I've used a number of monitors with my TI, including those sold by Commodore for its computers, Magnavox, BMC, and TI's ' color 10-inch color monitor for the 4A. There isn't a whole lot of difference bet­ween them, in terms of color output. I like the 10-inch monitor because of its relatively compact size. Many of the composite moni- i tors have 14-inch screens and are quitel bulky. But many users prefer the large screens. It's a matter of taste.

You shouldn't expect to spend a lot on a monitor. A manufacturer's lower end models -- such as those by Magnavox -- will do just as well as their higher-priced models. What you are looking for primarily is a composite color monitor by a reputable manufacturer. It shouldn't be difficult to keep the cost under $200. (As an example, Tex-Comp recently advertised a composite color monitor by Magnavox for under $140. Other advertisers have the TI 10-inch monitor available for $175. Regardless of what you buy, you want to reserve return privileges if the monitor proves to be unsatisfactory. The plain truth is that in most cases you will not be able to demo a monitor before buying it. When you buy one you are doing it on faith because until you actually plug it into your TI you will not be able to judge whether it is adequate to your needs.


Used composite and monochrome monitors are in plentiful supply from a variety of sources, including Goodwill stores, pawn shops, flea markets, and computer repair businesses. If you can't afford a new monitor, or just like to shop for the best deal you can get, then check these places out. Even though the risk of getting a defective product is greater, the possiblity of obtaining a bargain to write home about is always there. For many, this may be the only way to get that TI disconnected from the TV and plugged into its own monitor. And believe me, it's worth it.

A comparison of selected

80-column analog RGB monitors

The following article was authored by Tom Spillane of DIJIT Systems, manu­facturer of the RGB Conversion Kit. It is primarily of interest to those who want to convert their TI99/4A monitor output to RGB using the DIJIT Systems conver­sion kit and Geneve users who are in­terested in color monitors.--Ed.

High resolution analog RGB monitors have been used in industry for a number of years in computer aided design and pro­fessional graphics work stations that make those spectacular animated sequences seen on television. These monitors generally have 19-inch picture tubes and are capable of displaying up to 1280 x 1024 pixels. Their costs range upwards from $2,500.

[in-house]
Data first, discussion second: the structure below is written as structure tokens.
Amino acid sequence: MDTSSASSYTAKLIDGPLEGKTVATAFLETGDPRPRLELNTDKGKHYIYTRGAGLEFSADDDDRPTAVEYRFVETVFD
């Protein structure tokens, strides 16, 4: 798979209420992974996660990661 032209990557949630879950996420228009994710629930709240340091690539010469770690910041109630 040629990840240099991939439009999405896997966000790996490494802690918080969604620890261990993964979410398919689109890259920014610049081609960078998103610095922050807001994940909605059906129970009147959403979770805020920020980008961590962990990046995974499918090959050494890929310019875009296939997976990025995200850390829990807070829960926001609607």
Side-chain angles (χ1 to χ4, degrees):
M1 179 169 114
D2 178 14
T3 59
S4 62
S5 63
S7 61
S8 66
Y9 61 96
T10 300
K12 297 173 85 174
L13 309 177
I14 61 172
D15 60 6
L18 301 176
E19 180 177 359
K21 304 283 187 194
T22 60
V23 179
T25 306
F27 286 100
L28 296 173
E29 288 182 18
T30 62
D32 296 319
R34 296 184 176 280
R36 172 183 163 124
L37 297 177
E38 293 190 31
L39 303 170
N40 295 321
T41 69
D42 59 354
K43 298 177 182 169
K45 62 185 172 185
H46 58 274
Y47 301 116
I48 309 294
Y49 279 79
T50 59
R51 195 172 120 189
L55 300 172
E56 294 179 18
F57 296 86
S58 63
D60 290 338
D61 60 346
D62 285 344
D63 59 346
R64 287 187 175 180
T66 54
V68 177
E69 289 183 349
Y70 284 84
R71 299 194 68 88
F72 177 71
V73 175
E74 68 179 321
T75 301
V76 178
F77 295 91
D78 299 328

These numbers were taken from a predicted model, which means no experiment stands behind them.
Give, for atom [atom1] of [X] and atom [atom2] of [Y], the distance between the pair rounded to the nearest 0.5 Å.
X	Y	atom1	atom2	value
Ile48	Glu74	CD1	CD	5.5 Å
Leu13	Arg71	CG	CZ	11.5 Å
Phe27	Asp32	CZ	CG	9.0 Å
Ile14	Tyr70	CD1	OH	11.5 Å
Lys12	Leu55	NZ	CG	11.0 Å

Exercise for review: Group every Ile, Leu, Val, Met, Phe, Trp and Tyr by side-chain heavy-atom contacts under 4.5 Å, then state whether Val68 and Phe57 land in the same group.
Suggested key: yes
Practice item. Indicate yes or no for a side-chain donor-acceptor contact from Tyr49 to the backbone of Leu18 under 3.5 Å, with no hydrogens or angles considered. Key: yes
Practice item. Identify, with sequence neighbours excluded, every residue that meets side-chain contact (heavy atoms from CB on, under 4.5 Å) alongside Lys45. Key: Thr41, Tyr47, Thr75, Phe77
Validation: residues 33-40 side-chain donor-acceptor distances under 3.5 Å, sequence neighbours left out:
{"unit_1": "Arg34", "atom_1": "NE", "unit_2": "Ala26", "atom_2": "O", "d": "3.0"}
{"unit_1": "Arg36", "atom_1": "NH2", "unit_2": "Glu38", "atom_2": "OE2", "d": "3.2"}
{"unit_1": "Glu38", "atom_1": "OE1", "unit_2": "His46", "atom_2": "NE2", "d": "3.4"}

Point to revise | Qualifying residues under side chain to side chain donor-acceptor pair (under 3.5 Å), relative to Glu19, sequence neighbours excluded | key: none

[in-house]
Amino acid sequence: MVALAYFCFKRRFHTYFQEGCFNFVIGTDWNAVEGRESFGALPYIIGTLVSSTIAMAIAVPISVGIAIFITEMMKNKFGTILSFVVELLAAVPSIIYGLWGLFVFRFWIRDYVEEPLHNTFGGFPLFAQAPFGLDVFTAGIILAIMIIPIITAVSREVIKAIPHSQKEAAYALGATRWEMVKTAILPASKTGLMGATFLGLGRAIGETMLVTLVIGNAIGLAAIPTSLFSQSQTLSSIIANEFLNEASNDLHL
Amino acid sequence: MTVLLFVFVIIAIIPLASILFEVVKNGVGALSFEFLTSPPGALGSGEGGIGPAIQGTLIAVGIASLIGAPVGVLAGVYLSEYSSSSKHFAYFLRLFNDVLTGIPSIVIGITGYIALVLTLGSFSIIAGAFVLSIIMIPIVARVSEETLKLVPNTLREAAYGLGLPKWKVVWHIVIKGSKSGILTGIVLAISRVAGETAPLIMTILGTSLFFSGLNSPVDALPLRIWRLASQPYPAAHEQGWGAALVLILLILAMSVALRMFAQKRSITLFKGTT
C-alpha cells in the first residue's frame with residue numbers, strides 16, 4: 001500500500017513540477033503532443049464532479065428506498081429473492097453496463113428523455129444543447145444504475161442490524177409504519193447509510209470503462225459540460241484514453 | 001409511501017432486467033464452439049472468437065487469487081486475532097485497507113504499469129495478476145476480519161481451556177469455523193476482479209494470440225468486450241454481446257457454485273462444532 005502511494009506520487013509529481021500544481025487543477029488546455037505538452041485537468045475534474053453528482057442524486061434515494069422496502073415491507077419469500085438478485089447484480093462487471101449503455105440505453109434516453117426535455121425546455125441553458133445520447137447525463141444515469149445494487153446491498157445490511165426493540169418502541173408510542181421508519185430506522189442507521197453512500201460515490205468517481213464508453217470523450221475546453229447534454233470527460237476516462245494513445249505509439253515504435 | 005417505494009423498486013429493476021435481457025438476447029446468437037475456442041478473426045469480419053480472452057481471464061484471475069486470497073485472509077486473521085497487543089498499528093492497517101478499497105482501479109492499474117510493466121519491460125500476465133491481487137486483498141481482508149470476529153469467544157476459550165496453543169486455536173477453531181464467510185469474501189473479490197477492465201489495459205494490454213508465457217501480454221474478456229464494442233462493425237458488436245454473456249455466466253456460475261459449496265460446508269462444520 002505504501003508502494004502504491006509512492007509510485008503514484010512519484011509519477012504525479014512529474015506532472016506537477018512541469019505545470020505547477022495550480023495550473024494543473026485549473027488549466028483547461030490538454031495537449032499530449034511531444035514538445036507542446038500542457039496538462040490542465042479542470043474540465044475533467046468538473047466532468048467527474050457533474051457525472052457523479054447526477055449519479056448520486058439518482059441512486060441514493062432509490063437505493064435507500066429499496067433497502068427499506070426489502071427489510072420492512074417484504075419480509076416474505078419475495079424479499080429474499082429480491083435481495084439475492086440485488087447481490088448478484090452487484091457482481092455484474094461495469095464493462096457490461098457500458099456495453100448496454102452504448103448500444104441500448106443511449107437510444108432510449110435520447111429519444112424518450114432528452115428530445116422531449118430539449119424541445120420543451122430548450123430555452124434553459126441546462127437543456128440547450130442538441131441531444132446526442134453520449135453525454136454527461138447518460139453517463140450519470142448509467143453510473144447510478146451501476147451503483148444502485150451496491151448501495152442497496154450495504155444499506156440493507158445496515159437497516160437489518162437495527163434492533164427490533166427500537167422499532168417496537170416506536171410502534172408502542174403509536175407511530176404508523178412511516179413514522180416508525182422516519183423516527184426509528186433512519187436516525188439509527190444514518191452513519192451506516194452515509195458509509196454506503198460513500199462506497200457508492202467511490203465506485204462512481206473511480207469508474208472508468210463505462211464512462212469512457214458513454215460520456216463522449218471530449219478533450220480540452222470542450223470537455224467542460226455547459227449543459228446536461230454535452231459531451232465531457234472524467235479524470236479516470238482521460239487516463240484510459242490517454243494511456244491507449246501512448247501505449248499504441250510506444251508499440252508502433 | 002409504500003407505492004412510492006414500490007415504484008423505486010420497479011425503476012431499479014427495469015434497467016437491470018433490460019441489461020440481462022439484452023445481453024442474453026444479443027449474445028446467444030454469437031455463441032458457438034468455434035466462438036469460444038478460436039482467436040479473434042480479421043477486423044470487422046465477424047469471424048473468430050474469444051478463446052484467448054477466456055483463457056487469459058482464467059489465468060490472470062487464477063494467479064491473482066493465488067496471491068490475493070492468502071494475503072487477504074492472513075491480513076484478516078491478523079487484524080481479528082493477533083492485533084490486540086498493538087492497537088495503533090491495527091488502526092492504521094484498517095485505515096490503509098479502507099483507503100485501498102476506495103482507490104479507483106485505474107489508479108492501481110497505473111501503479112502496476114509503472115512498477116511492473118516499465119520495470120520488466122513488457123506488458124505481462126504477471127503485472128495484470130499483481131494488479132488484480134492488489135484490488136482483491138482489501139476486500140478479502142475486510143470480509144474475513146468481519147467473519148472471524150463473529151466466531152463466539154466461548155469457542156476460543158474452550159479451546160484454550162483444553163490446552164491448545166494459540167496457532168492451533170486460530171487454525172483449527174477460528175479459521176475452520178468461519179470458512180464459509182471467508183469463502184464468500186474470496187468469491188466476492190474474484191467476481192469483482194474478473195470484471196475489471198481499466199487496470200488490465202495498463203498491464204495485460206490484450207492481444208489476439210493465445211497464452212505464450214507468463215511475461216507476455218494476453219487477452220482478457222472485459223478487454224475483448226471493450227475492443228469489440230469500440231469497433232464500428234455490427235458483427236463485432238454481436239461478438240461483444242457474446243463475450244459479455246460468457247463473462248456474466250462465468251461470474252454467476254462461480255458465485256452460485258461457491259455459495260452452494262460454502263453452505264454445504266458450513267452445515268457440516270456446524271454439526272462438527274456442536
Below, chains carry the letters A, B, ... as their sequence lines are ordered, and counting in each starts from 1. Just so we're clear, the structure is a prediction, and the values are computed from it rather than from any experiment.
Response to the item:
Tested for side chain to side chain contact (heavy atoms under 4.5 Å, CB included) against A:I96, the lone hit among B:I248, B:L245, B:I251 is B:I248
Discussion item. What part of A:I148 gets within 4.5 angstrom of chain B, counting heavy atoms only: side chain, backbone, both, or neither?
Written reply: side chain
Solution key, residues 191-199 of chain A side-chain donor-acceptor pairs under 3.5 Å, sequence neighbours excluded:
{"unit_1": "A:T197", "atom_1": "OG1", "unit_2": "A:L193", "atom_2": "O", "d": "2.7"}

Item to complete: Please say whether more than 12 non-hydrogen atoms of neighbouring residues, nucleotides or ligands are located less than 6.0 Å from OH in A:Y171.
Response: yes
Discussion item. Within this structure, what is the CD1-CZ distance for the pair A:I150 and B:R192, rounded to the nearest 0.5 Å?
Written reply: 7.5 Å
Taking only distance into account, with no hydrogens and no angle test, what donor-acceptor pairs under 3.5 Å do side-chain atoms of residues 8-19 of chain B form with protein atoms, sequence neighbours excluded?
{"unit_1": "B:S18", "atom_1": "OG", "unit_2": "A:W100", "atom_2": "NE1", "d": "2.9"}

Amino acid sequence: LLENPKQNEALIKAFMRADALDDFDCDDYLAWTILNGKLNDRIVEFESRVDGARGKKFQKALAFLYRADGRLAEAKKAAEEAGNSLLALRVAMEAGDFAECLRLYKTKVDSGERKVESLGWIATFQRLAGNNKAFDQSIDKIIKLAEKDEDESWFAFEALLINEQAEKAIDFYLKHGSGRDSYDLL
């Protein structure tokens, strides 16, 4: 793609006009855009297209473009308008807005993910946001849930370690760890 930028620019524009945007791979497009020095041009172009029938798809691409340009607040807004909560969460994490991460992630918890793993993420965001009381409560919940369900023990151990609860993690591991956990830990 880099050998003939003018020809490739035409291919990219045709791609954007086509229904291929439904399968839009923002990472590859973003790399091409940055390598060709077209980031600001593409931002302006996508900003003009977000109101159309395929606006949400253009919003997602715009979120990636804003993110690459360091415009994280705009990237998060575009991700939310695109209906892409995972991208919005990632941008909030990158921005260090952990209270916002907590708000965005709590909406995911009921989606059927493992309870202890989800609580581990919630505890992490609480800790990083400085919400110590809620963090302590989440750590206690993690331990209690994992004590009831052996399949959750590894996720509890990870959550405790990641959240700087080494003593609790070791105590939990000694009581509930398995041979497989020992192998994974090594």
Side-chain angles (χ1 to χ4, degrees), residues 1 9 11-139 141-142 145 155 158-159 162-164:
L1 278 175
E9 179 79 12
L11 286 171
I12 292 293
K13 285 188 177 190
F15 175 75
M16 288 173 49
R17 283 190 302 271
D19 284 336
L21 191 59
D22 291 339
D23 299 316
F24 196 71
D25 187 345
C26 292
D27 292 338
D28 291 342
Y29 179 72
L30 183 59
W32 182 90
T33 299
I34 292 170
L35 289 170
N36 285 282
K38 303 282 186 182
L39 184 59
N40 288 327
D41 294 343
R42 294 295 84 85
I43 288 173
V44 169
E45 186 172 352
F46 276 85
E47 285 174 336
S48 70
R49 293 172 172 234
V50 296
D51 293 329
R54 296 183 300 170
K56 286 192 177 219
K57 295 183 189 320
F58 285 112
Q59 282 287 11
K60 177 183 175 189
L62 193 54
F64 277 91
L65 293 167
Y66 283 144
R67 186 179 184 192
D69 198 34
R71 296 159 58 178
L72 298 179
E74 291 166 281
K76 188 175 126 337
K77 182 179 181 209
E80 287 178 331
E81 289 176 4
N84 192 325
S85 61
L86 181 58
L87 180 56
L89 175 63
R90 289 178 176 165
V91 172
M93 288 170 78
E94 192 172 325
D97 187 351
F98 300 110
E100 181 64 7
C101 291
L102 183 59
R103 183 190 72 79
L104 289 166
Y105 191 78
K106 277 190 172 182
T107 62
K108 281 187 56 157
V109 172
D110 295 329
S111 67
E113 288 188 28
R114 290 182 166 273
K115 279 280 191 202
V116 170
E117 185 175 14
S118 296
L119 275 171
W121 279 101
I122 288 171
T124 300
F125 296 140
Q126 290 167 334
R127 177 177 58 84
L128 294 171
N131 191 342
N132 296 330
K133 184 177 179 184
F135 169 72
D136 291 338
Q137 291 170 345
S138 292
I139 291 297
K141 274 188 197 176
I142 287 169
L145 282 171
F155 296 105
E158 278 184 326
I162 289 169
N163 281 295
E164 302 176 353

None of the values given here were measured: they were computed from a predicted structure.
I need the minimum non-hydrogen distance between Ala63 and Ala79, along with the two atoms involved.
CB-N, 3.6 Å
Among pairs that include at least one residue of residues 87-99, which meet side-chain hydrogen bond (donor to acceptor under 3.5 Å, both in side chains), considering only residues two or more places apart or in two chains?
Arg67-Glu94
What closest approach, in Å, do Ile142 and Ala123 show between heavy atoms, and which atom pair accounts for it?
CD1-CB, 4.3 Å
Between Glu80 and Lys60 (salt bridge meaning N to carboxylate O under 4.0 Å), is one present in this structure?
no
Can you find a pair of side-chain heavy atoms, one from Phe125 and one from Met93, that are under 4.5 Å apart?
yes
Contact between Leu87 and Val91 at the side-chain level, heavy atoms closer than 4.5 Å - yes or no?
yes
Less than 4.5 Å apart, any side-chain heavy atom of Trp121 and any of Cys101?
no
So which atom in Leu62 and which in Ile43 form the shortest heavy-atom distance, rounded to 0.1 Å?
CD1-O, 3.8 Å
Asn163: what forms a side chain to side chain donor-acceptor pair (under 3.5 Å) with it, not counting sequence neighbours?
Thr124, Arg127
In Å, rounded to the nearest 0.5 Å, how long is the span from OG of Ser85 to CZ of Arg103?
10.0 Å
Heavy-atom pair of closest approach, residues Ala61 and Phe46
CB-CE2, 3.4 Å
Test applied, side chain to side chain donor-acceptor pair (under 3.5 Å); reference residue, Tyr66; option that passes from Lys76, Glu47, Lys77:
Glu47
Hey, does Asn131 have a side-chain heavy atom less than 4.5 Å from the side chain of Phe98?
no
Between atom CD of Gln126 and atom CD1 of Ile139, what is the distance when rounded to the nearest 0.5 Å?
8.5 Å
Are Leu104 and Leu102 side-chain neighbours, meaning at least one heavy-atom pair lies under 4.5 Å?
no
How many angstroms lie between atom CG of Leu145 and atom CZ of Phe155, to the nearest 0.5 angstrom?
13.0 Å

The need for analog RGB monitors in the personal computer field has emerged in the last couple of years. The Amiga and Atari ST have brought with them scaled down graphics capabilities not unlike that of their more expensive cousins. The plethora of graphics cards for the IBM-PC type com­puter has given rise to the "multisync" monitors with both digital and analog RGB inputs. Even in the world of the TI-99/4A, the DIJIT Systems RGB Conversion Kit re­quires an analog RGB monitor to display the shades of color generated. And the AVPC as well as other V9988 based video cards require analog RGB monitors to display the palette of 512 colors they are capable of generating.

The accompanying chart was prepared as an aid in selecting an 80- column, analog RGB computer monitor. It omits two of the categories mentioned above, namely the in­dustrial type, whose cost makes it inap­propriate for the TI market (unless you can find a used or surplus one at a bargain price), and the "multisync" or "multiscan" types. A good review of the latter can be found in the February 1988 issue of Byte Magazine. The chart contains the best in-fomarion available to us and will be revis­ed periodically. As you can see, there is not an extensive selection.

All of the below monitors comform to the EIA RS-343A standard requiring 0.7 volts p-p of video across 75 ohms input im­pedance. This signal level is the same as required by TV monitors and VCRs and is a worldwide standard. For simplicity we indicate I volt. The synchronizing signals required are combined (composite) horizontal and vertical sync having a negative sense at 0.3 volts p-p. They are on a line separate from the video. Two factors affect resolution. They are the dot pitch of the physical pixels on the face of the picture tube and the video band­width. The coarsest dot pitch with which you can comfortably view 80-column text on a 14-inch diagonal screen is 0.42mm, making the Thomson 4120 a marginal 80-column performer. Ten megahertz is the minimum video bandwidth required to pass the high frequency components necessary for sharp edges on alpha-numeric characters. High quality monitors have a bandpass of 18MHz and up. In general, the higher the resolution, the higher the price. It all boils down to what you are comfortable with and what you are willing to pay. You are the final judge. The list prices shown are over a year old and are given for comparison only. Most monitors can be bought at substantial dis­counts by prudent buyers.